Roundtable 3 – How do you check that you are engaging people?

Staatsrat by jonas k under Creative Commons Attribution, Noncommercial, Share Alike

[tweetmeme source=”leanisgood” service=”” only_single=false]The ‘posters’ of the Lean Is Good blog have grown to four in number. Each of us brings a different background and set of experiences around Deming, lean, and learning. How could we leverage this diversity of thought and voice for the benefit of our readers? We ‘planned’ and came up with an idea that we could each briefly answer a question once a week. Today we ‘do’ it, and we will ‘check’ it after a couple weeks looking for a high rate of comments.   This is the third edition of the ’roundtable.’   The first two are here and here.   We will post a poll so that readers can interact when it is reasonable for the question asked. The order that the answers appear in will be randomized each time. Please join us by adding your comments. We would like to hear from you.

The question:

How do you ‘check’ that you are engaging people?

The answers:

Bryan (posts)

This is a very difficult one for me to describe and measure, however, in general it is very easy to tell if your people are engaged.  I liken it an NFL quarterback.  They have all kinds of tests for intelligence, speed, arm strength, height, release timing, etc but how can you measure what Joe Montana or Tom Brady (& hopefully Tony Romo) have?  You get in the huddle and the game with them!  Same as with your people.  You’ve got to get out there in the game of improvement with them in the gemba!  Its easy to tell but difficult to measure and put on a chart for corporate presentations!

I have tried many metrics with limited success.  The best was probably ideas implemented / employee.  However, this still did not tell the whole story and can’t be subbed for “feeling” the engagement by being on the line.

Scott (posts)

I think you need multiple touchpoints to ensure your message is being received
Tool Pro Con
Discussion Tone will convey level of engagement more than words May be difficult to reach broad audience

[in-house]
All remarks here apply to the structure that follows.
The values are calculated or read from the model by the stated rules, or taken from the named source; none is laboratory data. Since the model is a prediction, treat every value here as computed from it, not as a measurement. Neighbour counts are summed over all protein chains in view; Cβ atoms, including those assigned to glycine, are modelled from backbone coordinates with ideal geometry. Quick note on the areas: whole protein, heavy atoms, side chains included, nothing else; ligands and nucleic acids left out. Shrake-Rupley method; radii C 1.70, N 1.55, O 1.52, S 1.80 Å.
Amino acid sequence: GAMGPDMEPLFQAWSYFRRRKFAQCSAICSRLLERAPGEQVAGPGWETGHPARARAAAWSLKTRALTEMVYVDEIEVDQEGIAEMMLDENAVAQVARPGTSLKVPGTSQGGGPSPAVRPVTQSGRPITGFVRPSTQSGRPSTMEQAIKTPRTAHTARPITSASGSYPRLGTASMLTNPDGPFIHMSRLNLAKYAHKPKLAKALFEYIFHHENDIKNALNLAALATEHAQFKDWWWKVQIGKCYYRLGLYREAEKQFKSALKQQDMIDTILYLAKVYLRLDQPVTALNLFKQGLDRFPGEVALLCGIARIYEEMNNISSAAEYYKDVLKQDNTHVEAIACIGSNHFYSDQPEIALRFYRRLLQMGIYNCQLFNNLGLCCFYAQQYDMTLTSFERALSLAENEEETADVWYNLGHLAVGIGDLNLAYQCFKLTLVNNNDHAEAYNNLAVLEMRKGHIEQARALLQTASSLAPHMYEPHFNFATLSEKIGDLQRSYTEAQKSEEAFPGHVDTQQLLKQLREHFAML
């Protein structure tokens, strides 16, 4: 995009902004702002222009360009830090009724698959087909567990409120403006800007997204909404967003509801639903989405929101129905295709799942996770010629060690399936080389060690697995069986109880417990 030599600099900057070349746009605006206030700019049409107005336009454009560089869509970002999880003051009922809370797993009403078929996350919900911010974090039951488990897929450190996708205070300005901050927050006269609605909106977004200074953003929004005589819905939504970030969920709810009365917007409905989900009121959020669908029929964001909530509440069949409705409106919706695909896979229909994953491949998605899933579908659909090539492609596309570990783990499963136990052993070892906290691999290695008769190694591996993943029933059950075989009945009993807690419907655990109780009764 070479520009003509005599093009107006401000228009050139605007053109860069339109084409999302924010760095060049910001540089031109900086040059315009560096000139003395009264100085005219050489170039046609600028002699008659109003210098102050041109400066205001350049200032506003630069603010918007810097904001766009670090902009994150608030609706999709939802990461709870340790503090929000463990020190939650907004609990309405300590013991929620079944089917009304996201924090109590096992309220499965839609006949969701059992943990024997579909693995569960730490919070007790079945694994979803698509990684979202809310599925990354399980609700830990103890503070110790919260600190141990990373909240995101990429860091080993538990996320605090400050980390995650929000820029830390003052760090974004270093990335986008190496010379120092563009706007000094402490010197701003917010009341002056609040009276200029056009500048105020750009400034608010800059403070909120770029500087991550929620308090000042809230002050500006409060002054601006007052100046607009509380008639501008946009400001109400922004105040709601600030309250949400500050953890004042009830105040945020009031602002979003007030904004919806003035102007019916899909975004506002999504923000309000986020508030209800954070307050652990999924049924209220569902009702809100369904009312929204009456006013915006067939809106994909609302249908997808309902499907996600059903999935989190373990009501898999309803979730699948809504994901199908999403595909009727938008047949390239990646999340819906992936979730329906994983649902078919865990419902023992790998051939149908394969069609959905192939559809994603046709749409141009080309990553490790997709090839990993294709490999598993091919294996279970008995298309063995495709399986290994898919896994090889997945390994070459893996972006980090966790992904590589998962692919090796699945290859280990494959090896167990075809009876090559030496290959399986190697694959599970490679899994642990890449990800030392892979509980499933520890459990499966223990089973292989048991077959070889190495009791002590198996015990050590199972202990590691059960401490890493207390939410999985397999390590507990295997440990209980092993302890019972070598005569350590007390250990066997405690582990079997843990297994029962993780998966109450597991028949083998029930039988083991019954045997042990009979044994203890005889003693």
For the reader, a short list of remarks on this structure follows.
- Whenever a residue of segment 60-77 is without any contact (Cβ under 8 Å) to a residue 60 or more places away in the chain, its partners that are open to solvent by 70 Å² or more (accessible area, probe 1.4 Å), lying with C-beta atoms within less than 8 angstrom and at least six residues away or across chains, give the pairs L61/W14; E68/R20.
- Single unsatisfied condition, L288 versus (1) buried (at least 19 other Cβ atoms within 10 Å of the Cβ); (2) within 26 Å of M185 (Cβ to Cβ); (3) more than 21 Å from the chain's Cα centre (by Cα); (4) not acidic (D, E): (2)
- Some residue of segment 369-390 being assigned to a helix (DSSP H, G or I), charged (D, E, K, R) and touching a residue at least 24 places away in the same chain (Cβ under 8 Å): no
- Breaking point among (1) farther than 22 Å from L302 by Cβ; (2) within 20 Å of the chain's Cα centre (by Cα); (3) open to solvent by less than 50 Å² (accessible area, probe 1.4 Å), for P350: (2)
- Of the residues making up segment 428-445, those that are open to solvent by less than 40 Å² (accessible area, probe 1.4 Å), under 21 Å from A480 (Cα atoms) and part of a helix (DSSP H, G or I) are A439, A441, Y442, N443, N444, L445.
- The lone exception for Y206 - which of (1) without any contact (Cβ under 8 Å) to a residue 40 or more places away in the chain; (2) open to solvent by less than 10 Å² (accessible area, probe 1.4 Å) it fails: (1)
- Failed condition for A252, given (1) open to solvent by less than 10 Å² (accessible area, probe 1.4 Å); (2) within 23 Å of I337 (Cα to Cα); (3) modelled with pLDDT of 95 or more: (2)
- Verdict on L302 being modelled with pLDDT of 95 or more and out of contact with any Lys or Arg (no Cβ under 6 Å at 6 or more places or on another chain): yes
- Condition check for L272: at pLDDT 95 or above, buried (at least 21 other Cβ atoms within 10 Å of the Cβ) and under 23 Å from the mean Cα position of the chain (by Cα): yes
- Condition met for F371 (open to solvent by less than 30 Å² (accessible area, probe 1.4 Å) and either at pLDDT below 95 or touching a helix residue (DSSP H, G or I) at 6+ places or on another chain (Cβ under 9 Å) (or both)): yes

Survey Should get unbiased feedback not possible in discussion May not be able to get to key issues
Audit Gives indication of actions Need to focus on actions not results
Metrics Shows results. Absenteeism May reflect direct supervision instead of overall message

Bruce (posts)

I try to talk face to face with people as much as I can.

I can’t talk to everybody as frequently as I would like though.  So, I try to consider the quality of improvement work as a measure of engagement.  My theory is that the more people are engaged, the more ‘complete’  ideas and suggestions for improvement will be (whether they come through a formal suggestion system or not.)  I take people coming up with lists of problems as a sign of a low level of engagement.  I take suggestions that recommend fairly specific countermeasures as a sign of higher engagement.  When small groups or individuals work really thorough ‘plan phases’ autonomously I take it a sign that they are ‘in the game.’

Kim (posts)

I keep pretty close personal contact with anyone who I have teamed with. I prefer talking with people and seeing what they are doing. If they are engaged it shows in the conversation and their work area. If they are not this contact is the prefect time to probe a bit to see the issues that you might have missed or the new politics of the day. When working with autonomous maintenance groups if you do not keep this contact and encouragement to the teams you will lose them quickly. Any other less personal method does not work for me.

Those are our answers.  We would really like to here from you in the comments below.


Add to FacebookAdd to DiggAdd to Del.icio.usAdd to StumbleuponAdd to RedditAdd to BlinklistAdd to TwitterAdd to TechnoratiAdd to Yahoo BuzzAdd to Newsvine


3 Responses

  1. If they ask questions.

  2. […] How do you check that you are engaging people? by Bruce Baker – “I take suggestions that recommend fairly specific countermeasures as a sign of higher engagement. When small groups or individuals work really thorough ‘plan phases’ autonomously I take it a sign that they are ‘in the game.’” […]

  3. […] for Lean – Humility5S – Shadows Boards Are Bad and Reflection is GoodAnother Interesting Poka YokeRoundtable 3 – How do you check that you are engaging people?DownloadsCFO Magazine – Lean Health CareAmbiguous Visual Controls – Denver AirportAbout the […]

Leave a Reply

Fill in your details below or click an icon to log in: Logo

You are commenting using your account. Log Out /  Change )

Facebook photo

You are commenting using your Facebook account. Log Out /  Change )

Connecting to %s

%d bloggers like this: